As if we aren’t already spending enough money, legislation has apparently been filed to create a federal long term care insurance plan. From the story
It creates a national insurance trust that people can voluntarily participate in. It’s a publicly sponsored insurance plan, to make it as low-cost as possible. You pay a monthly premium. If you become disabled and need assistance with activities of daily living [A.D.L.’s] at any age, you can qualify for a daily cash benefit on the order of about $50 to $75 a day, depending on your level of disability.
The legislation doesn’t set specific benefits. The Secretary of Health and Human Services will develop the details. It has to be actuarially sound and self-sustaining.
Well, this doesn’t seem to be it–particularly if the insurance will be voluntary. Most people won’t think about paying into such a plan until they get to be my age and older. The premiums would be about $75 a month and apparently, there would be no underwriting criteria:
[I]t has a vesting period. But one thing it doesn’t have, unlike with private insurers, is a health screen. You would be able to get insurance whether you’re already disabled or had a serious health problem in the past…But it’s a lifetime benefit; it keeps going as long as you have the need.
I am all for long term care insurance. But this one makes no economic sense. This seems like more of the same fiscal irresponsibility and recklessness we have been experiencing for the last six months. I mean, do we want half the country to be government bureaucrats?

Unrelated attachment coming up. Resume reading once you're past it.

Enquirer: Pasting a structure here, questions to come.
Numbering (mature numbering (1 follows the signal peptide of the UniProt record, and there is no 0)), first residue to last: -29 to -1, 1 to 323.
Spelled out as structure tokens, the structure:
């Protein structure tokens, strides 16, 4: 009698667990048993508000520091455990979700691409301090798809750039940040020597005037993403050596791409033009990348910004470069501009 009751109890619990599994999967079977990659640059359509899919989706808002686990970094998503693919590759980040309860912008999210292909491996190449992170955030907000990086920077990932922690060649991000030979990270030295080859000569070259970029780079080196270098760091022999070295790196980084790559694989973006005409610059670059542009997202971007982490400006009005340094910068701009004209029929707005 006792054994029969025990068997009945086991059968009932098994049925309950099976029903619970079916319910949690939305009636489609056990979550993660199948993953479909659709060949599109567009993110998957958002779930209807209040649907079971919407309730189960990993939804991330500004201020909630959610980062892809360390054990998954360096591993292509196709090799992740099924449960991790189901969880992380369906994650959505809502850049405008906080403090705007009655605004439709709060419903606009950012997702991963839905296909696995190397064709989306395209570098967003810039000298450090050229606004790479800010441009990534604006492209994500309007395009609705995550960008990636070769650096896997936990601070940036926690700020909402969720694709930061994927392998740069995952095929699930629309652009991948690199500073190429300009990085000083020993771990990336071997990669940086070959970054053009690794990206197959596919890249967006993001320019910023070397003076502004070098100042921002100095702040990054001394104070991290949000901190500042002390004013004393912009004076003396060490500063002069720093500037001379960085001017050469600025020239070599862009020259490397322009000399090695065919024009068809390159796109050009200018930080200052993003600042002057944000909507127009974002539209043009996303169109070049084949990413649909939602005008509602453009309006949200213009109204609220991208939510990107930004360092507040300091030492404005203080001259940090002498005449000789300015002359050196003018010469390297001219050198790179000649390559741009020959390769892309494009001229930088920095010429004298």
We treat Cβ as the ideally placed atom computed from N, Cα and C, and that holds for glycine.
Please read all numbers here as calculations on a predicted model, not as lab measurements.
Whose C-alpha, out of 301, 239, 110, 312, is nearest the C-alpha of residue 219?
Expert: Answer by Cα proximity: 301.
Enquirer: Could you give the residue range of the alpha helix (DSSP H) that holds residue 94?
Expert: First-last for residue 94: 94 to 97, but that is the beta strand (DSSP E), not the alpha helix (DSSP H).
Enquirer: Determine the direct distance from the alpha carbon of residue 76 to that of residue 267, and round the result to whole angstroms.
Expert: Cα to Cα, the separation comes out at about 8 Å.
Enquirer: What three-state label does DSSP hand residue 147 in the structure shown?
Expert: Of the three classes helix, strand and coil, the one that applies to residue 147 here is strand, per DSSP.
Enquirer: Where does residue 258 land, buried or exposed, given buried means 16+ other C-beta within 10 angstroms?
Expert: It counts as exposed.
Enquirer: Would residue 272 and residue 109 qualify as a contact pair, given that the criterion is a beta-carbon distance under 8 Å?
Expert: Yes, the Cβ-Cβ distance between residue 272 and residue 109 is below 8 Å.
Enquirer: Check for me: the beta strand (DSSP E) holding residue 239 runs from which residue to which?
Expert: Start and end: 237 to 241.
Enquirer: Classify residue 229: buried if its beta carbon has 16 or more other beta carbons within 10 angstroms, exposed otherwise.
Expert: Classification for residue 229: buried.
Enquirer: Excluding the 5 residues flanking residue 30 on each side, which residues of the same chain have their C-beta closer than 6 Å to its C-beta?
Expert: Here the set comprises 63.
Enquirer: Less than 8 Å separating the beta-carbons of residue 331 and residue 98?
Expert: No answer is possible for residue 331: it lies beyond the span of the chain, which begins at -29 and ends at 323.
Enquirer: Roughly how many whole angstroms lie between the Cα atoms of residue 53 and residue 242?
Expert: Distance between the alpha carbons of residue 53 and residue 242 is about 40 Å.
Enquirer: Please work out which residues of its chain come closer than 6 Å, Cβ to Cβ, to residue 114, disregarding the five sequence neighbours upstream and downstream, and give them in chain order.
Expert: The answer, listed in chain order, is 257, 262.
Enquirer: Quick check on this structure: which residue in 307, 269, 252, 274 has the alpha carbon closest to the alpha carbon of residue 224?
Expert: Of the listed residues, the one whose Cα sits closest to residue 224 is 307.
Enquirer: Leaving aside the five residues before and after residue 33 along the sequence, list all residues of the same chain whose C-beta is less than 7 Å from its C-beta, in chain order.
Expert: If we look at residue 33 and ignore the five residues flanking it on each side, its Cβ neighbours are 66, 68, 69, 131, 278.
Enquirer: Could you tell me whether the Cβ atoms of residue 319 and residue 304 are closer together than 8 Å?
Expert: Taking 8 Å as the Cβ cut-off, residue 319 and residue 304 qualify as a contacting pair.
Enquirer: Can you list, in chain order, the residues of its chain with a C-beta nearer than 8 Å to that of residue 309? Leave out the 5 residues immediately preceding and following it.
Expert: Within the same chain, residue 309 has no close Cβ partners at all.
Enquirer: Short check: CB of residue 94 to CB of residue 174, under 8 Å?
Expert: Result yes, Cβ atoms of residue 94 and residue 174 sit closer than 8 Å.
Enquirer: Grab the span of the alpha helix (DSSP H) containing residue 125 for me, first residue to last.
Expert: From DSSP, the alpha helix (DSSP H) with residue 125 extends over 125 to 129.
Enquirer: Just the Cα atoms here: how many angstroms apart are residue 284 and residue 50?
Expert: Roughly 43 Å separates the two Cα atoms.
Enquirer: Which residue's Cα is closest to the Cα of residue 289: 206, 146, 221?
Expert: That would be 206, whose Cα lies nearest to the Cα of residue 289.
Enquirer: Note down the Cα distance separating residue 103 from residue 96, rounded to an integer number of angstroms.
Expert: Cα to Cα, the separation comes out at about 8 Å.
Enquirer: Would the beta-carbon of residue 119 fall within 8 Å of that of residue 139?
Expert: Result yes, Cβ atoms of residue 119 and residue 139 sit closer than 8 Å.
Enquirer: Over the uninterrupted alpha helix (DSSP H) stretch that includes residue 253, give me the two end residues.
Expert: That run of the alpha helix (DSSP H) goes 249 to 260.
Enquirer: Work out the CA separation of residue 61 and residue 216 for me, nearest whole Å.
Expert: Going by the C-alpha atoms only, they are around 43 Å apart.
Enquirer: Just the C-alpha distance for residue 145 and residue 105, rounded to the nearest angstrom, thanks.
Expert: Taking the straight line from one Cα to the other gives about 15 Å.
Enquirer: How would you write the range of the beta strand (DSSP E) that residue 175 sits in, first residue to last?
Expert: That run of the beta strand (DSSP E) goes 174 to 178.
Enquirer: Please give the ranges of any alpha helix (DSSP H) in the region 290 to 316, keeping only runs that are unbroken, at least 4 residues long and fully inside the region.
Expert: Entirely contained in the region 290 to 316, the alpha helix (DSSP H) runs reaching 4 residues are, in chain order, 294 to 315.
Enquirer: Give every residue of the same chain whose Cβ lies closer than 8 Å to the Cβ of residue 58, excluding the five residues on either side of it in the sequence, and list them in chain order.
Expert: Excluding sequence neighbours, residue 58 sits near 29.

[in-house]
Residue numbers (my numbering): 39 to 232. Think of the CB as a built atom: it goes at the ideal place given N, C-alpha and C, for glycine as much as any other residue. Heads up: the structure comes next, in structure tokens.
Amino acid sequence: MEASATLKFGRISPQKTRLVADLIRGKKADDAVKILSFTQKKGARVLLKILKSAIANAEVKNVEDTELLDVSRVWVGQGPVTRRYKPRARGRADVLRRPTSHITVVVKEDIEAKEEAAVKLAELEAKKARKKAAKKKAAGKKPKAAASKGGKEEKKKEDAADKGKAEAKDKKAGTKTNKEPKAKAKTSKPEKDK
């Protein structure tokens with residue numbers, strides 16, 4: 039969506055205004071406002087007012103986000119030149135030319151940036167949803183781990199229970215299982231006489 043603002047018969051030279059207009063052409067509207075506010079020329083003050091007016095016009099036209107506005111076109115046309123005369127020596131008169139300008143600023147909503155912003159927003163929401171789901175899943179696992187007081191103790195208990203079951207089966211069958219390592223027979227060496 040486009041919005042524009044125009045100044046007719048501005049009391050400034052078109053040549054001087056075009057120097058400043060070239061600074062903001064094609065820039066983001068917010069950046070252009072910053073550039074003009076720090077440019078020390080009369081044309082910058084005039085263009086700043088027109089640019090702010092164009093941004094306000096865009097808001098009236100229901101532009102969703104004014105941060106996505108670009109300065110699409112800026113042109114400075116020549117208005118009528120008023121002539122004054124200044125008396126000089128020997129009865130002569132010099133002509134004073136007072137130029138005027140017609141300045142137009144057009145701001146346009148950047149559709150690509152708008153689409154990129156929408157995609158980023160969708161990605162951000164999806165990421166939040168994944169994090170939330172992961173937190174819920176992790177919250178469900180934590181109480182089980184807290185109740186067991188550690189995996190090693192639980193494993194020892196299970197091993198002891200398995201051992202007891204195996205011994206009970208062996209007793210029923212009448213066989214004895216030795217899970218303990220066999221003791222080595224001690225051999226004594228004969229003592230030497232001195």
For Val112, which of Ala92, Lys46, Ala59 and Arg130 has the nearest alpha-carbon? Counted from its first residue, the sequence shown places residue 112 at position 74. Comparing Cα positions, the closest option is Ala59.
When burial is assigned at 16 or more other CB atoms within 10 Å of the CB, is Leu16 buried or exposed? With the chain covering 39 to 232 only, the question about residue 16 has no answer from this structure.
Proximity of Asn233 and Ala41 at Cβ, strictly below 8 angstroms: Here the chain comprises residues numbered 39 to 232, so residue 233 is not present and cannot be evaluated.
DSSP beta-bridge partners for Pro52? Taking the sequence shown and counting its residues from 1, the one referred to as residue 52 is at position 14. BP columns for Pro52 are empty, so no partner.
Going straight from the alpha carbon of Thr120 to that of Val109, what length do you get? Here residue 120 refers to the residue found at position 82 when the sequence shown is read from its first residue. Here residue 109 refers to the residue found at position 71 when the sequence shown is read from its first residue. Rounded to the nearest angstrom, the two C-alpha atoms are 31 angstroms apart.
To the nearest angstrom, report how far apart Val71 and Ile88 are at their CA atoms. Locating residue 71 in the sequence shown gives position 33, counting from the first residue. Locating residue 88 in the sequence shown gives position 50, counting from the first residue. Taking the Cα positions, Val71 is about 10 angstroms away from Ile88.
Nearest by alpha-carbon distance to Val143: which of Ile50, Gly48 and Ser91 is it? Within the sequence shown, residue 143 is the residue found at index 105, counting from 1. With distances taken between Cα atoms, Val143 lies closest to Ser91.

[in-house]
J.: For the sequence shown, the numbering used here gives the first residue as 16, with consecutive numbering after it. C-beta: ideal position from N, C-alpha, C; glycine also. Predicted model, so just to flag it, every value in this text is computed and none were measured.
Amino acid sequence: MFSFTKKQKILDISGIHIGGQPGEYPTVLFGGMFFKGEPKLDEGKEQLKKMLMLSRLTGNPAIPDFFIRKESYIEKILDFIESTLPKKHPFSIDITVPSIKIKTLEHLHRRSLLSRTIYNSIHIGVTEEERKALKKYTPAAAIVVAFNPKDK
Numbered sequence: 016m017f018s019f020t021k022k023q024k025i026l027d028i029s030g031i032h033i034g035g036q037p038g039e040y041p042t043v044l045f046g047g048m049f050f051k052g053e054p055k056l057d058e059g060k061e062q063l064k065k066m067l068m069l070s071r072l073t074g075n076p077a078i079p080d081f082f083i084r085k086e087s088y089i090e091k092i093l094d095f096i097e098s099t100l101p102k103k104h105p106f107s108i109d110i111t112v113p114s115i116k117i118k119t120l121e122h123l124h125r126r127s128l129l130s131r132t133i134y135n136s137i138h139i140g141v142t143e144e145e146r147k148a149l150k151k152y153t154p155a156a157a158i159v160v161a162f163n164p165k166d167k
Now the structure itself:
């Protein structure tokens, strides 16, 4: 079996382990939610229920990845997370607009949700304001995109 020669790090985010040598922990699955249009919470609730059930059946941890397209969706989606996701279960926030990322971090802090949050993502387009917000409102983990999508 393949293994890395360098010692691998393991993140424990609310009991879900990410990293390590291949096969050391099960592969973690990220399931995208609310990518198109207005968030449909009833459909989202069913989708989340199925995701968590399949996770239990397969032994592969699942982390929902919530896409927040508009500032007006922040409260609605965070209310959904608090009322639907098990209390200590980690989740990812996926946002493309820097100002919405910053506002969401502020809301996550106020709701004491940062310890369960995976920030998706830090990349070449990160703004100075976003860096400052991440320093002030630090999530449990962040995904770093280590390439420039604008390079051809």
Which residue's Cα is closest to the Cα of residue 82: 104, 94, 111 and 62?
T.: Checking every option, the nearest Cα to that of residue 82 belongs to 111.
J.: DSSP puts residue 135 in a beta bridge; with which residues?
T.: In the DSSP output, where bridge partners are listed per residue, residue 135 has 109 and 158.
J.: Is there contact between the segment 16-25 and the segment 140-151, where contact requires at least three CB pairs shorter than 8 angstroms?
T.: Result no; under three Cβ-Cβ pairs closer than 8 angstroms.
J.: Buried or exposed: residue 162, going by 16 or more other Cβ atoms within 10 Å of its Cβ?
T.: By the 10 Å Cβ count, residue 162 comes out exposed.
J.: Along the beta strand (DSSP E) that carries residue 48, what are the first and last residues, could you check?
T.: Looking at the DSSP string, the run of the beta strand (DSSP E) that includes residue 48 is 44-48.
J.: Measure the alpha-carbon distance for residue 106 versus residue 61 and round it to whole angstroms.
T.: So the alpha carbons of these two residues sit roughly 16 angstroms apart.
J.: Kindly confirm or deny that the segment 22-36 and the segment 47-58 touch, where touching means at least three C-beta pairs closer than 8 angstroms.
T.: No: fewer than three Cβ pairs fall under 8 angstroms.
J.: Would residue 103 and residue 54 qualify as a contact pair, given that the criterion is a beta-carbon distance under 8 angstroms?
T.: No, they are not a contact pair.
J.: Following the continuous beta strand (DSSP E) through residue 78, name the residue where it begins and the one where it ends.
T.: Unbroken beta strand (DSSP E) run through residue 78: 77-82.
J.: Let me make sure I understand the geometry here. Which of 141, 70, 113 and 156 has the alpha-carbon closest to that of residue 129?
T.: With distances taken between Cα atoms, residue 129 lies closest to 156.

Still there is the big problem of aging baby boomers who are fast approaching long term care land. But rather than pie in the sky, government bureaucracy, why not follow the Medicare Prescription Benefit formula that seems to have worked quite well? Create several national plans with different benefits from which people can choose. Require people to sign up when they qualify for Medicare, or pay progressively higher premiums. Provide tax incentives for people to sign up before Medicare age. Then, let companies compete to enter the long-term care marketplace. That seems a better, less expensive, and far less bureaucratic approach to a very real problem than yet another government program.